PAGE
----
Parenting

Net-Cetera-image-205x300 Net Cetera Online Resources [downloadable]

Net-Cetera-image-205x300A service provided by the Federal Trade Commission, the Net Cetera online toolkit offers free resources to teach people about kids’ online safety.

The Net Cetera Booklet is a guide for parents, teachers, and other adults who spend time with kids. Read more ›

NIH_NIDA_Master_Logo_2Color National Institute on Drug Abuse for Teens, Teachers, and Parents [web resource]

NIH_NIDA_Master_Logo_2ColorThis website is a project of the National Institute on Drug Abuse (NIDA), National Institutes of Health (NIH), U.S. Department of Health and Human Services. This site is organized to help you find what you are looking for, whether you are a teen, middle or high school teacher, or parent. The purpose of this site is to facilitate learning about the effects of drug use on the brain, body, and lives of teens. Read more ›

students-with tablet Internet Safety Resource: NSTeens [web resource]

students-with tabletNetSmartz Workshop is an interactive, educational program of the National Center for Missing & Exploited Children® (NCMEC) that provides age-appropriate resources to help teach children how to be safer on- and offline. The program is designed for children, parents and guardians, educators, and law enforcement. Read more ›

lda-logo-lg Learning Disabilities Association of America [web resource]

lda-logo-lgSince 1963, Learning Disabilities Association of America (LDA) has provided support to people with learning disabilities, their parents, teachers and other professionals with  information on learning disabilities, practical solutions, and a network of resources. Read more ›

Community Ed Session Growing Up Male: It’s Not Easy [presentation]

Which emotions do you associate with males that define masculinity? How well do you handle emotions such as sadness, frustration, vulnerability, shame, or fear?

This presentation discusses emotional development and the emotional development of boys and men. Learn about some of the myths regarding emotional development and how parents can help their sons to both express and manage emotions. Read more ›

Community Ed Session The Teenage Brain and Parenting with a Growth Mindset [presentation]

Project Cornerstone’s programs and services help individuals and communities build a web of support around young people so that they grow into healthy, caring and responsible adults.

Anne Ehresman, LCSW, Executive Director of Project Cornerstone presents this class in which she reviews adolescent brain development, Read more ›

parent-toolkit Tips for Parents on Social & Emotional Development [web resource]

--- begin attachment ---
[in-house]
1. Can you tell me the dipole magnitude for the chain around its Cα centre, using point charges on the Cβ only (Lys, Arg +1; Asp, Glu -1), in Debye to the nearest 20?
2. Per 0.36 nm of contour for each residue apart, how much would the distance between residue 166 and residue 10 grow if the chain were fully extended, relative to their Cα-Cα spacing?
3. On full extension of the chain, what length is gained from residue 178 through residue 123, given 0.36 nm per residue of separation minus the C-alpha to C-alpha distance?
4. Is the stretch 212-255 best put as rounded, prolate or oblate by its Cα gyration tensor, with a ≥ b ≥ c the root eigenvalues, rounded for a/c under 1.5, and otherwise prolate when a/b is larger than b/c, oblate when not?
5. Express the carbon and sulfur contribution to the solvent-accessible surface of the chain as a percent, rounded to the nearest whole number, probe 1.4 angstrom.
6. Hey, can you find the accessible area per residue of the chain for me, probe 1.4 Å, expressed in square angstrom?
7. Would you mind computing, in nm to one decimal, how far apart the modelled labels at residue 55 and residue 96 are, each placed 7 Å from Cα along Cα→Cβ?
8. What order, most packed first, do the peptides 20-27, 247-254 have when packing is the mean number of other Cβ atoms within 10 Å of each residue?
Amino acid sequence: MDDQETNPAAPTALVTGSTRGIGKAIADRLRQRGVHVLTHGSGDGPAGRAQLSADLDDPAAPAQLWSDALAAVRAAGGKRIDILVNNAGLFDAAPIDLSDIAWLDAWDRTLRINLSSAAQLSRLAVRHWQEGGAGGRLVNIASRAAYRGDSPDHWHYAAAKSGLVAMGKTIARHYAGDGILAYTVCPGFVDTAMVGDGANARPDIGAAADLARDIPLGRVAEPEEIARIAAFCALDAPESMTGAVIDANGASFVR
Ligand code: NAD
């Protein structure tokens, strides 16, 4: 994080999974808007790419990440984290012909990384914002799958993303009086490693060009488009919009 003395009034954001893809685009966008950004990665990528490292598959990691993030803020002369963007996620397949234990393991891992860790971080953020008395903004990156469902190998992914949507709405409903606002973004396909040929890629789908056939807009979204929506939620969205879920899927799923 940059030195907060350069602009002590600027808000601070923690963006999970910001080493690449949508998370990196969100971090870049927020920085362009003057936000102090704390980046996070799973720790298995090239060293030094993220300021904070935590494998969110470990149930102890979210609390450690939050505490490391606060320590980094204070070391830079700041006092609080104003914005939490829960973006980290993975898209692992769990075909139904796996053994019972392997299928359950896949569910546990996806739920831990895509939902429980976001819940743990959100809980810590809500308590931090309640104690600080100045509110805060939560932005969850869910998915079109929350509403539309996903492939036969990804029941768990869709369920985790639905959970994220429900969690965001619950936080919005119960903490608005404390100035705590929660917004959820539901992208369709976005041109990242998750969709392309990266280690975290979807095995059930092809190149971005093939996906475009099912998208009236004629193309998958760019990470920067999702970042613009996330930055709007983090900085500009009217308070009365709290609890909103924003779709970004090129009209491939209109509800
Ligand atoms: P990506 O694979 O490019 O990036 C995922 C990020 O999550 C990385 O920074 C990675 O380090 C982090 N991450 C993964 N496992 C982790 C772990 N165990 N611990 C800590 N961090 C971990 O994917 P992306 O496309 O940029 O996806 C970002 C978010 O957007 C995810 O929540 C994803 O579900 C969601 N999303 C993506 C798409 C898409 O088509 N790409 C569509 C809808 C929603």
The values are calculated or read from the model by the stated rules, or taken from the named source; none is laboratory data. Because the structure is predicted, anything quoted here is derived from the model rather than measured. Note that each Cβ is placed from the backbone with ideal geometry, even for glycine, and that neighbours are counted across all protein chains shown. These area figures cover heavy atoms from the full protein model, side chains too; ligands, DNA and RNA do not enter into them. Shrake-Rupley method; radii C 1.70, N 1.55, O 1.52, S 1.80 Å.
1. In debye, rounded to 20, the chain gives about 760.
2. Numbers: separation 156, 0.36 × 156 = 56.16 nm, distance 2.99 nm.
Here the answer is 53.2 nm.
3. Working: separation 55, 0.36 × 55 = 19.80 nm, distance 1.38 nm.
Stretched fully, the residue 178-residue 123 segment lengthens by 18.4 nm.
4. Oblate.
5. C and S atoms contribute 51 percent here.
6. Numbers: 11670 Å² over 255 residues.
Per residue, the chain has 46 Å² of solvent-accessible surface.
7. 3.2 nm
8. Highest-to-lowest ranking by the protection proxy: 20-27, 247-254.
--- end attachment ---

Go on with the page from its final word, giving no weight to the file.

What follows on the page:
parent-toolkitIt may be hard at this age to engage your child in a long discussion about emotions, but taking a couple of minutes a day to ask “What made you feel good today?” or “Did anything upset you today?” is a great way to show you care. Try to avoid questions that will get a “yes” or “no” answer to create more conversation.

Even if there isn’t always a discussion started, simply by providing daily interactions around your child’s emotions you’re creating an environment where your child knows he can talk to you. This will make him more likely to talk to you when he is ready to, or really needs to. Read more ›

child-and-book What Parents Can Do to Help Kids Who Struggle with Reading

One in five people have dyslexia, and it affects people who use both languages based on alphabets (such as English) or logographics (such as Mandarin, Korean, etc.), making it a worldwide issue. Despite its prevalence, though, dyslexia is often misunderstood by the people who have it, by the parents of kids who have it and by the teachers who teach those kids.

So what can parents do to help children with dyslexia? Read more ›

understood-300x95 Understood — a Web Resource for Learning and Attention Issues [web resource]

understood-300x95Welcome to Understood.org, an online resource dedicated to helping the millions of parents whose children, ages 3–20, are struggling with learning and attention issues. For the first time ever, 15 nonprofit organizations have joined forces to support parents of the one in five children with learning and attention issues. Read more ›

Yale Center for Dyslexia The Yale Center for Dyslexia & Creativity [web resource]

Yale Center for DyslexiaThe Yale Center for Dyslexia & Creativity conducts dyslexia research, and it is a leading source of advocacy and information to better the lives of people with dyslexia.

The resources are organized by audience and topic, with sections for students (and adults) with dyslexia, for parents of children with dyslexia, and for educators.

You may wish to start with a few of these… Read more ›